Humber Signing Could Break Logjam

By John Manuel
January 11, 2005

The logjam of unsigned players from the 2004 draft might be starting to clear.

The Mets, who have grabbed headlines with high-profile free-agent signings such as Pedro Martinez and now Carlos Beltran, ended the impasse with their first-round pick, Rice righthander Philip Humber. They brought him to New York for a physical Tuesday and signed him for a $3 million bonus. Humber’s contract is a five-year major league deal with a $5.116 maximum value, with $4.2 million guaranteed.

Humber’s agent, Michael Moye, and the Mets were motivated to sign now by a change in federal tax law, which make signing subject to FICA and Social Security taxes. “That put an artificial deadline on it,” said Jim Duquette, who was the lead man in negotiations for the Mets as the senior vice president of baseball operations. “It made us feel we wanted to get it done sooner than later.”

That deadline—the change goes into effect Wednesday—could also speed negotiations for other holdouts. The end of Humber’s holdout leaves three players unsigned from the first round—No. 4 overall pick Jeff Niemann (Devil Rays), his former Rice teammate; No. 12 overall pick Jered Weaver (Angels), Baseball America’s 2004 College Player of the Year; and No. 15 overall pick Stephen Drew (Diamondbacks), the top-rated position player in the draft. Negotiations between Niemann and the Devil Rays were rumored to have picked up lately, with Tampa Bay general manager Chuck LaMar traveling to Houston for negotiations.

Former Rice righthander Wade Townsend, the other unsigned first-round pick, did not sign with the Orioles and will re-enter the draft in 2005.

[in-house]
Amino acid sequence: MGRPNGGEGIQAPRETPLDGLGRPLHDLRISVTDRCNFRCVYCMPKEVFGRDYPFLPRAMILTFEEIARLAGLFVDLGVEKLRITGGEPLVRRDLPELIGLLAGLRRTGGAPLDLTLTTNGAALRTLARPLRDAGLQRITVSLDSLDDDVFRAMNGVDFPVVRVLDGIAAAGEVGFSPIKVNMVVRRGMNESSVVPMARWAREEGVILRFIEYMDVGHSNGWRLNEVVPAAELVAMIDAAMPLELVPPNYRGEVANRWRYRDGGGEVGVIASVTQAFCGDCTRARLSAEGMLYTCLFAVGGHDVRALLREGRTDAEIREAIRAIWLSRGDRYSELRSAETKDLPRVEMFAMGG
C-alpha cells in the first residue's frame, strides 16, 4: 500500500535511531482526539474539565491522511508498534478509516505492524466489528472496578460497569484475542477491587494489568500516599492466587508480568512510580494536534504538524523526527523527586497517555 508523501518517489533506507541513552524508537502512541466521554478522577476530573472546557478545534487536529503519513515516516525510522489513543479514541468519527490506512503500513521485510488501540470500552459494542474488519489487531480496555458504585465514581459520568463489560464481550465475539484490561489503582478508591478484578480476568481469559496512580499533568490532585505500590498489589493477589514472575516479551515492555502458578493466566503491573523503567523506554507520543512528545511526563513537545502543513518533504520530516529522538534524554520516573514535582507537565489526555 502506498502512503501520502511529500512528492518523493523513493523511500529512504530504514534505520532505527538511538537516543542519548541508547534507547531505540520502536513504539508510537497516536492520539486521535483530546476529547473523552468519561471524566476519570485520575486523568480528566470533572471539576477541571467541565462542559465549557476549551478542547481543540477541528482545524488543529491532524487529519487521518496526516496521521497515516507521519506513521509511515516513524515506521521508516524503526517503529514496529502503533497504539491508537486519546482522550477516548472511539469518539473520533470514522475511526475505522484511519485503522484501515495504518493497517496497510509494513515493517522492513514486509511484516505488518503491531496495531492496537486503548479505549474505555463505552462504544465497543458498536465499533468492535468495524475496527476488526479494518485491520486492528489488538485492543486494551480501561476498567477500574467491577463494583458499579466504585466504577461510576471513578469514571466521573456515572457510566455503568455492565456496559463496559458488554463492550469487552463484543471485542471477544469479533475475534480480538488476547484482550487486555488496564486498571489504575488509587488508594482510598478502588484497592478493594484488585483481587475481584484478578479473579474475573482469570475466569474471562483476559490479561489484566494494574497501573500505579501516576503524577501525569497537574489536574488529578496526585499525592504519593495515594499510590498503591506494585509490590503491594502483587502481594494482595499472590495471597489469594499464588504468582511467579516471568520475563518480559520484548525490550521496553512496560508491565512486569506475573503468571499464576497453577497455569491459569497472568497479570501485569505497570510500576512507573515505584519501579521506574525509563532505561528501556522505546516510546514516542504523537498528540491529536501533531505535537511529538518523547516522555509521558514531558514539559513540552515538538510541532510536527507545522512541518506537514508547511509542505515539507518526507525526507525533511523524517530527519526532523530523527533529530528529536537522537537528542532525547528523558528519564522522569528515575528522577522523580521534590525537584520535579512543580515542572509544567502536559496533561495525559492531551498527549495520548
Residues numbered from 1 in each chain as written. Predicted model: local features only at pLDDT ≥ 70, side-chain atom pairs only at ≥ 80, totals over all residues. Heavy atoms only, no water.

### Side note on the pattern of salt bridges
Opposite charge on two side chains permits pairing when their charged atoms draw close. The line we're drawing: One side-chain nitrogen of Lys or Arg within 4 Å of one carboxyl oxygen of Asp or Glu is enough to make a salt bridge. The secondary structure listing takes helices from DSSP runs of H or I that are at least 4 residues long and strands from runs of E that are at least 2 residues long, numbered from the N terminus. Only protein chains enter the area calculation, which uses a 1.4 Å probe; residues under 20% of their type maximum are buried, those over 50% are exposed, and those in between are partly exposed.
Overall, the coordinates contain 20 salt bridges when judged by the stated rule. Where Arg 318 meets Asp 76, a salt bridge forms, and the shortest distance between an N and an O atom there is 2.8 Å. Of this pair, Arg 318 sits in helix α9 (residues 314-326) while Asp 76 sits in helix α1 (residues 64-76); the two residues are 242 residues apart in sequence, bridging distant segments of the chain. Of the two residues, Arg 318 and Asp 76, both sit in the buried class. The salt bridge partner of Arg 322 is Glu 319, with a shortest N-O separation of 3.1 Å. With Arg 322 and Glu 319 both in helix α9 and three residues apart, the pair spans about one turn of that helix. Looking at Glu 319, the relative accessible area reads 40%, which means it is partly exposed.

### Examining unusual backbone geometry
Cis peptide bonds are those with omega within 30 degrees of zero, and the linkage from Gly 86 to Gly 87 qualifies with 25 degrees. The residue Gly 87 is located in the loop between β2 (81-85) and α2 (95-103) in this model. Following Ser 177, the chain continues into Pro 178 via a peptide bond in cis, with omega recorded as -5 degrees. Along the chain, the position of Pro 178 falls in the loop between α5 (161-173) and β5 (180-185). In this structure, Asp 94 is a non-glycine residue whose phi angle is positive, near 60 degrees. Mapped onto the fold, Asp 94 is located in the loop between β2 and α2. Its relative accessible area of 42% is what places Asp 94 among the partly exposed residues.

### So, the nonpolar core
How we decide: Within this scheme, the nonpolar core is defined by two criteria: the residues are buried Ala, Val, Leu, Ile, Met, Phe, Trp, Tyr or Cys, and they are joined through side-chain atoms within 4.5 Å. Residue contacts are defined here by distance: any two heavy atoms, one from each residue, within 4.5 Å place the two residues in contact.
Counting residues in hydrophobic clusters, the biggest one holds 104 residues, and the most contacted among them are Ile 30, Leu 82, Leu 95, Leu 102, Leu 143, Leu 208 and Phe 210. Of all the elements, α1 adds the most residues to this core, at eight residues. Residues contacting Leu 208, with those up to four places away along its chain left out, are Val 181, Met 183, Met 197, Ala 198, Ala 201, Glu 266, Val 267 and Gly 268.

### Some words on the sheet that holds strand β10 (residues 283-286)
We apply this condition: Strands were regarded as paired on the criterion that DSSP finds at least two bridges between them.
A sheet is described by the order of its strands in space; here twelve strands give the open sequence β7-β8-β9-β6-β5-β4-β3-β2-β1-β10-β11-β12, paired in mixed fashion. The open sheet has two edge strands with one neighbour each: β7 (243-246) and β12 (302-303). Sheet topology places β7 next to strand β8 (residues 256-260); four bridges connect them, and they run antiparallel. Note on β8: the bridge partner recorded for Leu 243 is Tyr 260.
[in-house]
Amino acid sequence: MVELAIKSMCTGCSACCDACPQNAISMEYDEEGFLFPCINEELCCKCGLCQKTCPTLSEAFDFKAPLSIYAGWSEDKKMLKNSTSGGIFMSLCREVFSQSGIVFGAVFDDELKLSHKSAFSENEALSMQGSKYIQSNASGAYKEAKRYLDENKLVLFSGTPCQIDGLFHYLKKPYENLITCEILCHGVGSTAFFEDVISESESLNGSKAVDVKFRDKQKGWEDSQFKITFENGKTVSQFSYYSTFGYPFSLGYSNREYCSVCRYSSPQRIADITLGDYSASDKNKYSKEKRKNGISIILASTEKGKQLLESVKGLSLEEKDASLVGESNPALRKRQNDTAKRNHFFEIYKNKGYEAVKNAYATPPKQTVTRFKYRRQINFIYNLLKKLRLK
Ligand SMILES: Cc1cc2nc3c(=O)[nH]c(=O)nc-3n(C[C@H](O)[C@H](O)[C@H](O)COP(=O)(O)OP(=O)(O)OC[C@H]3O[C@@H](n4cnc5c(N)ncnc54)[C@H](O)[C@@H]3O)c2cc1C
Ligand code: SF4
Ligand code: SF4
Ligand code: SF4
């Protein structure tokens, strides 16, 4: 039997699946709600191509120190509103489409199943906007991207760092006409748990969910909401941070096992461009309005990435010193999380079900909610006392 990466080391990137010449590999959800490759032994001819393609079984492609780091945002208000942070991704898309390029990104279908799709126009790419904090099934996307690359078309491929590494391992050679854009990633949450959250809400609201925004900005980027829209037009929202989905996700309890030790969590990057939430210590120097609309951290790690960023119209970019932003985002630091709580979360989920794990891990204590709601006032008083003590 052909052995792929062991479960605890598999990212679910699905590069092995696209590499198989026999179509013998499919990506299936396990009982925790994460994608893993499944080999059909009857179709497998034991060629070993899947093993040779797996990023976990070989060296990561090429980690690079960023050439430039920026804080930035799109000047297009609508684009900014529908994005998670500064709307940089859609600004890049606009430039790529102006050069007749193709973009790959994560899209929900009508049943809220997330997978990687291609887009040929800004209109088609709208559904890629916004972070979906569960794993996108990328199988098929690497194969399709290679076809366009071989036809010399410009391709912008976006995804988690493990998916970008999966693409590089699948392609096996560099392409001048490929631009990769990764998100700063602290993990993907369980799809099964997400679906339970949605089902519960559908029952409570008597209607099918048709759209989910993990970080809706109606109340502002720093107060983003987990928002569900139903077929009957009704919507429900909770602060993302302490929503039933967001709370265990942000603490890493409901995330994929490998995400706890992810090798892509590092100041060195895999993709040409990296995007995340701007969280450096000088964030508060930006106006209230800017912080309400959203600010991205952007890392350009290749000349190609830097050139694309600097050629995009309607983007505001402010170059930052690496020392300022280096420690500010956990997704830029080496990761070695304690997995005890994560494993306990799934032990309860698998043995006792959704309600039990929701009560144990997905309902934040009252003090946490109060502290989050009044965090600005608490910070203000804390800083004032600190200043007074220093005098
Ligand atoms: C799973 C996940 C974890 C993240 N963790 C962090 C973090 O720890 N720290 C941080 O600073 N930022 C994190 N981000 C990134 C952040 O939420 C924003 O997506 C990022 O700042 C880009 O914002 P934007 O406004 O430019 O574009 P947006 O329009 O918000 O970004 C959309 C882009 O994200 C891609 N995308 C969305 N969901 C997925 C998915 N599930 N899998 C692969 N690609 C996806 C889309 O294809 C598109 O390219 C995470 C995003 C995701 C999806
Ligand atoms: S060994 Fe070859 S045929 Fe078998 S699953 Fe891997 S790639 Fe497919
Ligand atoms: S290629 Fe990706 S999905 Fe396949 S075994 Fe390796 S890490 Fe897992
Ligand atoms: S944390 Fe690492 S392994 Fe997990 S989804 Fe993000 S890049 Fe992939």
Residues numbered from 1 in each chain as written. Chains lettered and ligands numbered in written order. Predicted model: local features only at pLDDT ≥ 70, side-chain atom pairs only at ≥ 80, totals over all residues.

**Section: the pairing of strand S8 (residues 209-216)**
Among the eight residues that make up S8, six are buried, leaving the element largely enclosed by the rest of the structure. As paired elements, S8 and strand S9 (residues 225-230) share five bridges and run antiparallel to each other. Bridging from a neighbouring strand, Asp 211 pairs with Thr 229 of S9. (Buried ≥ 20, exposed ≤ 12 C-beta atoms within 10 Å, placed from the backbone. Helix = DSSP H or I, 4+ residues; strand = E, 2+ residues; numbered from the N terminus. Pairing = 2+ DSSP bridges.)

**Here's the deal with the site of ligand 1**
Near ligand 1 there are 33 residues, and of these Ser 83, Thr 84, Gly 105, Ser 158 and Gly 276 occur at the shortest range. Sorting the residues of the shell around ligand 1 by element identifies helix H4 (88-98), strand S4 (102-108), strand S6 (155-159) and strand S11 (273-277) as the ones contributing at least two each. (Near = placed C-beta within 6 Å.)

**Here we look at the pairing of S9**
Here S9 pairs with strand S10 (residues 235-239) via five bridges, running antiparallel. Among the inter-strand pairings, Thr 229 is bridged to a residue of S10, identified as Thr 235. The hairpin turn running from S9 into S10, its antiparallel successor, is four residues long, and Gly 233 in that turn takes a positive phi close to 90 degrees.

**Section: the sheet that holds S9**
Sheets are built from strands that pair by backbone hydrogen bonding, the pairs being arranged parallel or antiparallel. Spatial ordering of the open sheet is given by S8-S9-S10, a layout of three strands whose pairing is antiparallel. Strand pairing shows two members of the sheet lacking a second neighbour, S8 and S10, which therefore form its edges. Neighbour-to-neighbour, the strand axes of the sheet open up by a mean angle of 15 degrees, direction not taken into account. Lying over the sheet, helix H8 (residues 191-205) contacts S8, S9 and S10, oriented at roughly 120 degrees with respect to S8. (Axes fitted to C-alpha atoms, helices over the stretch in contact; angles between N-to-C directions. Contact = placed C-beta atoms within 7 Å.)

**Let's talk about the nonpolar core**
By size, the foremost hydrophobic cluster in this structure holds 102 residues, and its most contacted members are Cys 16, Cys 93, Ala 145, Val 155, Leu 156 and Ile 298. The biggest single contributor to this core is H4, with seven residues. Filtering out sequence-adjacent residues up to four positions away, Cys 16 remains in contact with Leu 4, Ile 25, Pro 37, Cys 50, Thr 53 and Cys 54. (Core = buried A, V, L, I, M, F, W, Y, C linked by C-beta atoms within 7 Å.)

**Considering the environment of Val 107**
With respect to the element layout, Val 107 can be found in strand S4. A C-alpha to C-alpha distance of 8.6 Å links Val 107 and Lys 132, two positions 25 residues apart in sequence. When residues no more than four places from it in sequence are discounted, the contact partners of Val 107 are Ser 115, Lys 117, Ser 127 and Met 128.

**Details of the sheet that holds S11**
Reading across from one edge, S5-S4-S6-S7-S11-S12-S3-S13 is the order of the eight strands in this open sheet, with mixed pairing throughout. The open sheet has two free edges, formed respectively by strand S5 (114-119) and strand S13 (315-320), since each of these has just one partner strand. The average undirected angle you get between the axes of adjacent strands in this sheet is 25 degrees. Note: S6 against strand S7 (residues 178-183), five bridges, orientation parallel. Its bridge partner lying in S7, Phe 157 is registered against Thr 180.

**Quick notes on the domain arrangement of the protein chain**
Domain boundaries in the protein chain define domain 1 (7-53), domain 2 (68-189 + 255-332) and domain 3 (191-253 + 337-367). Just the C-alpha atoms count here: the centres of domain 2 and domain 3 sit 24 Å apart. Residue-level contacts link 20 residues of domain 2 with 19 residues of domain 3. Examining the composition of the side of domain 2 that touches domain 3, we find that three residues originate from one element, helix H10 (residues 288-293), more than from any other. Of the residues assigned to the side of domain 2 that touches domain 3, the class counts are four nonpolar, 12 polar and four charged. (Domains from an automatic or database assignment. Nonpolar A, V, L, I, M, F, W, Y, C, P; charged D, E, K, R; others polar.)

The Mets had no official comment on the signing Monday. Jack Bowen, a special assignment scout with the club who was the scouting director when Humber was chosen, and new scouting director Russ Bove were both in meetings at the club’s mini-camp in St. Lucie, Fla., and said they had no knowledge of Humber’s trip to New York and signing.

Humber went 35-8, 2.80 in three seasons with Rice, winning at least 11 games in each of his three seasons. He struck out 422 in 354 innings, ranking second in school history behind Kenny Baugh, who played four seasons to Humber’s three.

Humber’s best season was his junior year, when he went 13-4, 2.27 with 154 strikeouts and just 37 walks in 115 innings. He showed three plus pitches at times during that season, running his fastball up to 97 mph (it sits in the 90-94 range) to go with his 12-6 curveball (his best pitch throughout his college career) and his splitter, which acts as a changeup.

He relied on the splitter heavily in his biggest game, when he tossed a complete game as Rice beat Stanford 14-2 in the last game of their best-of-three set to win the 2003 College World Series. Humber usually relies on his curve as his strikeout pitch, as his fastball tends to flatten out and his splitter is usually his third option. He has a strong, durable 6-foot-4, 210-pound frame, and he isn’t afraid to pitch inside, as evidenced by his 42 career hit batsmen at Rice.

Humber also lost his final two college games in last year’s regional, the first a shocking upset to Texas Southern in the regional opener, the other a season-ending loss to Texas A&M in the regional final.

Alan Schwarz contributed to this report.

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